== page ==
In high school, I often tried to just read the Sparknotes version of my summer reading books, but it was like pouring a bunch of sand into my hands – everything slipped out. I would forget what I’d “read” because at the end of the day, I’m someone who remembers subtleties. I retain in specifics, not generalizations. Admittedly, this habit means I’m 100% incapable of telling anything remotely resembling a “short version” of a story. Someone once commented that I recount things in “real time” and from time to time I’m sure that gets frustrating. I guess I just feel the smaller aspects of life are more important.
The funny thing about missing a person is that the more time goes by, the more the little things are what I miss. There’s something to be said for knowing someone beyond blatant personality traits or striking physical features. When you’ve known someone your whole life, you know more than just what meets the eye. You know their quirks, their irrational tendencies. You know the way they absentmindedly twirl their hair or what it sounds like when they’re walking down the hall. You know their turns of phrase, their tones of voice. You know their details.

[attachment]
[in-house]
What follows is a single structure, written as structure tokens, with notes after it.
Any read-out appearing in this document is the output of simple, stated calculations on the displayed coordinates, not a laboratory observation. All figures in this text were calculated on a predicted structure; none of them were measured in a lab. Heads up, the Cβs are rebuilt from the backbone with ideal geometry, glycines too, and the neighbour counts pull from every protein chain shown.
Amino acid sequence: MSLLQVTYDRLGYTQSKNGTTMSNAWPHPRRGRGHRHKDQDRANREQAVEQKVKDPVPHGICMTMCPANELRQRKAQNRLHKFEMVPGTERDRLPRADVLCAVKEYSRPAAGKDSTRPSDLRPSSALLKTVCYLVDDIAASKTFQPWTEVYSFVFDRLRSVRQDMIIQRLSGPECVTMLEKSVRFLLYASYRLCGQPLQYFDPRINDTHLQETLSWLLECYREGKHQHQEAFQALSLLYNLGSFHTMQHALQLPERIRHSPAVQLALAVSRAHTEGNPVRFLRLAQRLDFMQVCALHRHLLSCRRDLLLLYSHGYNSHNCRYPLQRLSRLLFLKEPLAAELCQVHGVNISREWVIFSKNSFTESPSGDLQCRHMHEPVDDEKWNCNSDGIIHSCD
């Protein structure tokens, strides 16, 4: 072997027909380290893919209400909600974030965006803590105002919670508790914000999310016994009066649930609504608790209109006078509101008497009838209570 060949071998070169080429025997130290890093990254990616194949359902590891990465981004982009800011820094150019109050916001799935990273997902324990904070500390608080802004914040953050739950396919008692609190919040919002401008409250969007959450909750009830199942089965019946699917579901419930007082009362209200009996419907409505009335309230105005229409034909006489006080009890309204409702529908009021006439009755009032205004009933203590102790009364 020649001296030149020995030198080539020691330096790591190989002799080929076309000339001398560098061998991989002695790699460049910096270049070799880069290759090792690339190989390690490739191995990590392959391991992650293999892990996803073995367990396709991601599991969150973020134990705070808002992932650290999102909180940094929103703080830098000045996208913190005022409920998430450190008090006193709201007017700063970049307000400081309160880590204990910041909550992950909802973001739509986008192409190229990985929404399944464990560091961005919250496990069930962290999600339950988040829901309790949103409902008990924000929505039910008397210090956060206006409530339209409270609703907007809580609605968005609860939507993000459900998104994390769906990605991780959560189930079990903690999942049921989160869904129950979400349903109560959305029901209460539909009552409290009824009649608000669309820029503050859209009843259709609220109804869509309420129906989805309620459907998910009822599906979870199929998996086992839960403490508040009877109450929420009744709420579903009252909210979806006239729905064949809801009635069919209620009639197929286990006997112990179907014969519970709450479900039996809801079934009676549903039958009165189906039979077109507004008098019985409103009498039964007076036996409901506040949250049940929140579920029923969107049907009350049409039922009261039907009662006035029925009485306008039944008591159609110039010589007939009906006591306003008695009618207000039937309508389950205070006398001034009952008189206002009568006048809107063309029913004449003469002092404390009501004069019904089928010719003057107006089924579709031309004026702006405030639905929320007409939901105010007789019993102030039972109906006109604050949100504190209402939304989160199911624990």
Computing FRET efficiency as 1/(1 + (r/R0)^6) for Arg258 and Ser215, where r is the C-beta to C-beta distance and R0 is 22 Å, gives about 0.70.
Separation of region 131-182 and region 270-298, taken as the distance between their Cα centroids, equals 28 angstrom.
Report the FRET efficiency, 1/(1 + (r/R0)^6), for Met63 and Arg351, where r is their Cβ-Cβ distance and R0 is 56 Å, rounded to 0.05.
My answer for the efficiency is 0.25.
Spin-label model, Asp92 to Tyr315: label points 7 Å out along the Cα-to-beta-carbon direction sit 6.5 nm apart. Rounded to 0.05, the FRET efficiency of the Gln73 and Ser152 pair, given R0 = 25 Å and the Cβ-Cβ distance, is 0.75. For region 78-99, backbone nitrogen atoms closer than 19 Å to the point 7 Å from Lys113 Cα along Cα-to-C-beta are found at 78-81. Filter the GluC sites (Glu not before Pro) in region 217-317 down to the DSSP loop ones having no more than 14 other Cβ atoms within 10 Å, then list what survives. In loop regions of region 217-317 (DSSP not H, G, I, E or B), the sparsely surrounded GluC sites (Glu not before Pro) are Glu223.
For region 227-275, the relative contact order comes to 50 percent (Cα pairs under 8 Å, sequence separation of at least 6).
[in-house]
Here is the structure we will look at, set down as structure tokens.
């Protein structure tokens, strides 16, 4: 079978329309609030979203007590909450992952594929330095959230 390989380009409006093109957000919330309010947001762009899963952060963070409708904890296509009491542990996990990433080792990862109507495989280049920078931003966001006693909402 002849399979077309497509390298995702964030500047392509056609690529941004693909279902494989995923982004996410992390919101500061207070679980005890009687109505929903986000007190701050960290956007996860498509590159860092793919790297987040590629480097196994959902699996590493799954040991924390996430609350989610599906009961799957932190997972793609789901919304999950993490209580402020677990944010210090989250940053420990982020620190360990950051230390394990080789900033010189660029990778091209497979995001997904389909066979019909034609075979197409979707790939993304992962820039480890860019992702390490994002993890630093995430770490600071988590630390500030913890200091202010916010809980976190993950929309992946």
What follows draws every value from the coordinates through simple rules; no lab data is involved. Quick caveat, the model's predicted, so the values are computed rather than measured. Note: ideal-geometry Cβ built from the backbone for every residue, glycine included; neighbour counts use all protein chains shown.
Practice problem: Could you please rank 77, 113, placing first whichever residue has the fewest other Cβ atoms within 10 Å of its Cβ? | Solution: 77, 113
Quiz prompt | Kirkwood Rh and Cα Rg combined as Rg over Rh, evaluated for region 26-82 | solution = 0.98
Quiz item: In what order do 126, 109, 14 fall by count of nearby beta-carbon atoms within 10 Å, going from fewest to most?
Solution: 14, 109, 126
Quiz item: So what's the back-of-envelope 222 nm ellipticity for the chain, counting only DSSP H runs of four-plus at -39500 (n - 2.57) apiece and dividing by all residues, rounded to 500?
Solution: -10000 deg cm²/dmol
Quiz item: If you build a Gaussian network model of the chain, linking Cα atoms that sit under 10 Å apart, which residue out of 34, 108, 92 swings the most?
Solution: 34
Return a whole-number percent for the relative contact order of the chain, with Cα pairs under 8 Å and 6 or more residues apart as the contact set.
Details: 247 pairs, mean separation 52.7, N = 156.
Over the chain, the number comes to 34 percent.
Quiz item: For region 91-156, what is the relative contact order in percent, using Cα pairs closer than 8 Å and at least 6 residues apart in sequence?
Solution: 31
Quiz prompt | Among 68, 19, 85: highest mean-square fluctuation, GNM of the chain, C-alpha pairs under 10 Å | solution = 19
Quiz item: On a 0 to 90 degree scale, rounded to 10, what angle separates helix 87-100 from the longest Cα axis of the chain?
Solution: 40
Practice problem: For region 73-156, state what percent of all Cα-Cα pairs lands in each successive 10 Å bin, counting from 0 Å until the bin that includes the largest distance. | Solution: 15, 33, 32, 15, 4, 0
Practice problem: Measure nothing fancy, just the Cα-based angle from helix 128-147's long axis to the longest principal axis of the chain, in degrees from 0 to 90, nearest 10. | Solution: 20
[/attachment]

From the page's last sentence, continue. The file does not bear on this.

There’s a certain intimacy in knowing the smaller, less expected parts of a person. Such knowledge implies that you’ve spent ample amounts of time together. It suggests that you’re someone important, that you’ve been around for a while or at least pay attention. As with impressionist paintings, when it comes to people, the parts turn out to be greater than the whole. When we love someone, we love every little brush stroke, for without each one’s contribution, there could be no whole masterpiece of a person. Love and life, it seems, are in the details.